When natural fancy color diamonds sell at auction, we do not always get very much historical background regarding the owners of these magnificent diamonds. But isn’t it fascinating to know these details? For instance, what type of people have collected color diamonds? How long have they been in a family for? Why did they end up at auction?
In the case of the Blue Mellon diamond recently sold at Sotheby’s New York, the Fancy Vivid Blue Pear Cut VVS2 diamond, mounted in platinum, weighed in at 9.75 carats, and sold for more than any other blue diamond at Sotheby’s at $32.6 million. In fact, the sale price exceeded the previous blue diamond record in 2008, that of the Wittelsbach Diamond, which sold for $24.3million and weighed more at 30 carats.
The Mellon Blue sold to an anonymous collector from Hong Kong who won the bid, beating out six other competitors along with the pre-estimate of $15million.
The diamond belonged to The Mellon family. When widow Rachel Lowe Lambert Lloyd Mellon also known as “Bunny” Mellon passed away in March of this year at the age of 103, the blue diamond along with many other personal items were sold by her estate over a five day period totaling $218 million. See “The Mellon Auction” below.
Married to one of America’s richest men Paul Mellon, philanthropist, horse breeder and heir to the Mellon Bank, the Mellon’s were substantial art collectors. Together they collected over 1,000 works of art including several works by artist Mark Rothko and donated many European paintings to the National Gallery of Art and established the Yale Center for British Art. The couple is well known for their 1993 Sea Hero win at the Kentucky Derby.
Rachel Mellon was an American philanthropist, horticulturalist, art collector and gardener. She also inherited a fortune in her own right as heir to the Listerine mouthwash fortune, which her grandfather invented. She was very private, only giving a few interviews in her 103 years of life but was well renowned in particular for her exceptional gardening talents.
Amongst many high profile gardens around the world, Mellon created a landscape design for the home of the late Hubert de Givenchy and assisted with a restoration of the potager du Roi in Versailles. Mellon was also invited to redesign the White House Rose Garden during the Kennedy reign. The President was so happy with the garden that after the Cuban Missile Crisis concluded, he wrote a personal letter to inform her that the garden:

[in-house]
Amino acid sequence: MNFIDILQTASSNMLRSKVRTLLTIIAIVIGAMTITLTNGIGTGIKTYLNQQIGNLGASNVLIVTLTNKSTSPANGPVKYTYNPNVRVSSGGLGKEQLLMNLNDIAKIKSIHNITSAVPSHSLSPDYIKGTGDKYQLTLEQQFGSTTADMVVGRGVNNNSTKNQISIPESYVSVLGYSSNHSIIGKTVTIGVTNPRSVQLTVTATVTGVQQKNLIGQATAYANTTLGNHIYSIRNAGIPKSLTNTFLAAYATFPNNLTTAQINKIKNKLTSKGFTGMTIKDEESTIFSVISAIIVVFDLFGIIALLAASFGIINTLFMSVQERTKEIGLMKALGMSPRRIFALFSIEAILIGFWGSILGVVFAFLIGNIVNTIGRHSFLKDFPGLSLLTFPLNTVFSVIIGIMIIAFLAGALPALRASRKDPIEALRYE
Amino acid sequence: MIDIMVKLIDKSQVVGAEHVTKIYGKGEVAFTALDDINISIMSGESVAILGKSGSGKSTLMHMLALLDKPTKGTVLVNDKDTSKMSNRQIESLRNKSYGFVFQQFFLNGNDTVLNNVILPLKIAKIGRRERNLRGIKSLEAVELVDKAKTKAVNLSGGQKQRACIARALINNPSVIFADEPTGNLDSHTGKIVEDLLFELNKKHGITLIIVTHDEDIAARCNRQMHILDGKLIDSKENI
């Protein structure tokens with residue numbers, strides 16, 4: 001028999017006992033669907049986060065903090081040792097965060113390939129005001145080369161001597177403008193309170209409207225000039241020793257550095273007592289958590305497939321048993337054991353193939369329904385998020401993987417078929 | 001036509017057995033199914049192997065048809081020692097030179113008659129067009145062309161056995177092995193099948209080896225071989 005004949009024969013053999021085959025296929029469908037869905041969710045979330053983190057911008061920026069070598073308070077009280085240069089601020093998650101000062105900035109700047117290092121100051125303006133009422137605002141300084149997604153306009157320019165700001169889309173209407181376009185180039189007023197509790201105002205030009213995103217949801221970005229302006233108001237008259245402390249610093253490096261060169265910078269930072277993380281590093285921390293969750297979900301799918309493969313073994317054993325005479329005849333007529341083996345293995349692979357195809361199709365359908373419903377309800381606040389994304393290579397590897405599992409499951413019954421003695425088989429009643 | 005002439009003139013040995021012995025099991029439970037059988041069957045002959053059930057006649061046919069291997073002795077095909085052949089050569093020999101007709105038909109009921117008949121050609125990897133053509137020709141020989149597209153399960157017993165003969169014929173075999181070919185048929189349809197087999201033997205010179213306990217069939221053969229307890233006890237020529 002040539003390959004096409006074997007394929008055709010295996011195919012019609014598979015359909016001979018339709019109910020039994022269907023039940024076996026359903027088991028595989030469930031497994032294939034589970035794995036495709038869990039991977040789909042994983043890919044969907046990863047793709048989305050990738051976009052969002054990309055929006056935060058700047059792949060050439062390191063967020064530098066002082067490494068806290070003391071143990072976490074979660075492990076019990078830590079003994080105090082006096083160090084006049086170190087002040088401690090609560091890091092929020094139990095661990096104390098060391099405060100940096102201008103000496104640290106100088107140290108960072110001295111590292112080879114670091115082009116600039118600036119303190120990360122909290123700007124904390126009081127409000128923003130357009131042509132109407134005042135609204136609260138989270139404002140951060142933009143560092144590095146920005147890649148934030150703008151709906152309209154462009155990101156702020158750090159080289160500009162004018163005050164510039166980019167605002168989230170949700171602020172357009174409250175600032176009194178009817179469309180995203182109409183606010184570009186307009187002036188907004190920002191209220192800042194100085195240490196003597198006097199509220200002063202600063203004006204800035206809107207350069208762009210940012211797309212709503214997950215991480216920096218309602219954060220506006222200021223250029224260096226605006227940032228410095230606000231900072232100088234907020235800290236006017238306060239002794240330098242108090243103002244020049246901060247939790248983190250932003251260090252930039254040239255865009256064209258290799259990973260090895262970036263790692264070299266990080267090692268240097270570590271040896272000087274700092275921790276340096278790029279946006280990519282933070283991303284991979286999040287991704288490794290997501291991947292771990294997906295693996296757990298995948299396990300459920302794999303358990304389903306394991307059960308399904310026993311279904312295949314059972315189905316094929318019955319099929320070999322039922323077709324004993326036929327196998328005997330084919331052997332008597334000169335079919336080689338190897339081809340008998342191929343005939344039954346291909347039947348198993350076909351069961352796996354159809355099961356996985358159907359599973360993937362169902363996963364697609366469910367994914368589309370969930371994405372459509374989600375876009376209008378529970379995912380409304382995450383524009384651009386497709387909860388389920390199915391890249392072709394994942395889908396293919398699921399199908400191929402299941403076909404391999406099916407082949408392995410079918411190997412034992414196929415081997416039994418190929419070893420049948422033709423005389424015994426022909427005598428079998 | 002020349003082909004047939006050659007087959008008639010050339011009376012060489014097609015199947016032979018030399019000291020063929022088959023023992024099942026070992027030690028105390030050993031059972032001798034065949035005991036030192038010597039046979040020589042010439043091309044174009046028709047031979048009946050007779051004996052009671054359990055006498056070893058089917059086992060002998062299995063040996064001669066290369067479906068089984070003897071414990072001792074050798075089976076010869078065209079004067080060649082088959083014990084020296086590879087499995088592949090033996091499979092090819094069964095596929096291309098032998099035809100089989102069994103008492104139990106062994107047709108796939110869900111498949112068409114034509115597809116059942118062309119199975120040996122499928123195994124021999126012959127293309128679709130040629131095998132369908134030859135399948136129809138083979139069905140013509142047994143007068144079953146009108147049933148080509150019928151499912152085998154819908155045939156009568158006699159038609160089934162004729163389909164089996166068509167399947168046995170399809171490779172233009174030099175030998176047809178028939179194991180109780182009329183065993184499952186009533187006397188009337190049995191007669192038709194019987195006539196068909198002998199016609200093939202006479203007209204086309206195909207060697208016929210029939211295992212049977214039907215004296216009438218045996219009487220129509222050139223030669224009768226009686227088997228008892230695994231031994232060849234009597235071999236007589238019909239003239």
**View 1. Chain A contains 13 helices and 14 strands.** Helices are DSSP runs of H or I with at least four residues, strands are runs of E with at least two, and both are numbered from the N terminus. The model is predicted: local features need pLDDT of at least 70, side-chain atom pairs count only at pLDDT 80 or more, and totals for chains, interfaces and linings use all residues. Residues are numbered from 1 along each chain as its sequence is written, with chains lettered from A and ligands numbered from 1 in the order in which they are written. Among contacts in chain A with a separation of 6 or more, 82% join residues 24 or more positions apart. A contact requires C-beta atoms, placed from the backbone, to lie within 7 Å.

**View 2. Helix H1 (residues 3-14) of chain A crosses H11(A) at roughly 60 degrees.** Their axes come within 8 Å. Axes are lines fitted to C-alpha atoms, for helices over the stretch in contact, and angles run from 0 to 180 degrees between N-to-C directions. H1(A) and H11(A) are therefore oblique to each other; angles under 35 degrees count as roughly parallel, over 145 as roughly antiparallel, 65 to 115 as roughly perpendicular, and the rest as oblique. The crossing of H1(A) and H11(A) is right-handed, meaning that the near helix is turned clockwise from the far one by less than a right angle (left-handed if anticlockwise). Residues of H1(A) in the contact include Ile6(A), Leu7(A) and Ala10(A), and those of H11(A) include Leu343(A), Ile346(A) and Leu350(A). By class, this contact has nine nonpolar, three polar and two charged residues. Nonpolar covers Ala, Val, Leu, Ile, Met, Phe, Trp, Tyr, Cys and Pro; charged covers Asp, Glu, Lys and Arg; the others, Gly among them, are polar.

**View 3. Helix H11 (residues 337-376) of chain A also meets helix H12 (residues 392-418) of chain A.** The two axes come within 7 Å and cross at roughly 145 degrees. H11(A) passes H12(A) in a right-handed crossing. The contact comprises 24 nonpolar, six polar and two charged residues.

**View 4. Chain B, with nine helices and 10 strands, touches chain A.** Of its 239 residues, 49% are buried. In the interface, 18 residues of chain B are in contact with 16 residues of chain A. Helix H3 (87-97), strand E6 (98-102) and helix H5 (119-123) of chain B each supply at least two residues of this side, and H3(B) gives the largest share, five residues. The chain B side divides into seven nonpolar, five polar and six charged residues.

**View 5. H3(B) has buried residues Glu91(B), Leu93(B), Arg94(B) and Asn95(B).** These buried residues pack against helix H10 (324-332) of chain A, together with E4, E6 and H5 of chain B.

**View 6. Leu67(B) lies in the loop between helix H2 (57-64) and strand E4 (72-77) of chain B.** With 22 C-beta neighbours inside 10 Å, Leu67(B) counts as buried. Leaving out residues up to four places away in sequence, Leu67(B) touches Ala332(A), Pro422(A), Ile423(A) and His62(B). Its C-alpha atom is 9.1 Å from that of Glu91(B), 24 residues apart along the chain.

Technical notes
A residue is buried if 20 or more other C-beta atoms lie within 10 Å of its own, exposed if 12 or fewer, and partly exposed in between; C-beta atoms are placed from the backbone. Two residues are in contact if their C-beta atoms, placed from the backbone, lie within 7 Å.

‘has been our brightest spot in the somber surroundings of the last few days.’
After JFK died, Mellon design a second garden which she insisted be named for Jackie Kennedy.
Paul Mellon died in 1999 at the age 91 and was survived by his two children from a previous marriage and the couple’s one daughter Eliza who died in 2008 after complications from a car accident eight years prior to her death.
It is difficult to assess Mrs. Mellon’s accumulated assets but by all accounts between inheritances, invested trusts and fixed assets she was extremely wealthy.
Her homes in Paris, New York, Nantucket, Antigua, Cape Cod and Oyster Harbors were sold prior to her death with the exception of her Oak Springs estate in,Virgina; a 4,000acre property including a 1 mile airstrip for her Falcon 2000.
Unfortunately Mrs. Mellon was not exempt from deception and subsequently lost $5.75 million dollars to Kenneth Star; convicted Ponzi scheme operator.
Mrs. Mellon was awarded several honors including: The American Horticultural Society Landscape Design Award, Officier de l’Ordre des Arts et des Lettres, The Henry Shaw Award and the The Royal Horticultural Society’s The Veitch Memorial Medal.
She was also politically affiliated hobnobbing with the Kennedys and funding John Edwards’ 2008 Democratic primary run campaign.
Mellon died at home after a 15-year battle with stomach cancer On March 17, 2014 at the age of 103 years.
A dinner party at Sotheby’s provided a preview of furniture, jewelry and other objects from the estate of the philanthropist Rachel Lambert Mellon, known as Bunny, who died in March. The items are set for auction on Thursday. Credit Jennifer S. Altman for The New York Times
On 10 November 2014, items from Mrs. Paul Mellon’s collection of paintings, jewelry, furniture, and decorative objects were auctioned at Sotheby’s in New York for a total of $158.7 million, including Untitled (Yellow, Orange, Yellow, Light Orange) by Rothko, which sold for $36.5 million, and another Rothko that sold for $39.9 million. Proceeds from the sale will benefit the Gerard B. Lambert Foundation, a charitable entity established by Mellon in memory of her father.
The showstopper and what is making news around the globe is the spectacular Vivid Blue Diamond that broke world records.
Gary Schuler, Head of Sotheby’s Jewelry Department in New York, commented on the Blue Diamond: “From the moment I saw this diamond, I knew that it would be one of the most important stones that I will ever have the privilege of presenting at auction. It was incredible to see each of my colleagues experience the diamond for the first time, watching as the blue hue warmed and intensified in front of them with every minute in natural light. Mrs. Mellon’s diamond absolutely deserves the place in the record books that it achieved tonight.”
The bidding for the exquisite 9.75-carat pear-shaped Fancy Vivid blue diamond reportedly lasted nearly 15 minutes, with the hammer finally coming down on the winning bid of $29 million – or $32.6 million in total after fees.
The diamond’s new owner, based in Hong Kong, has renamed the stone “The Zoe Diamond”.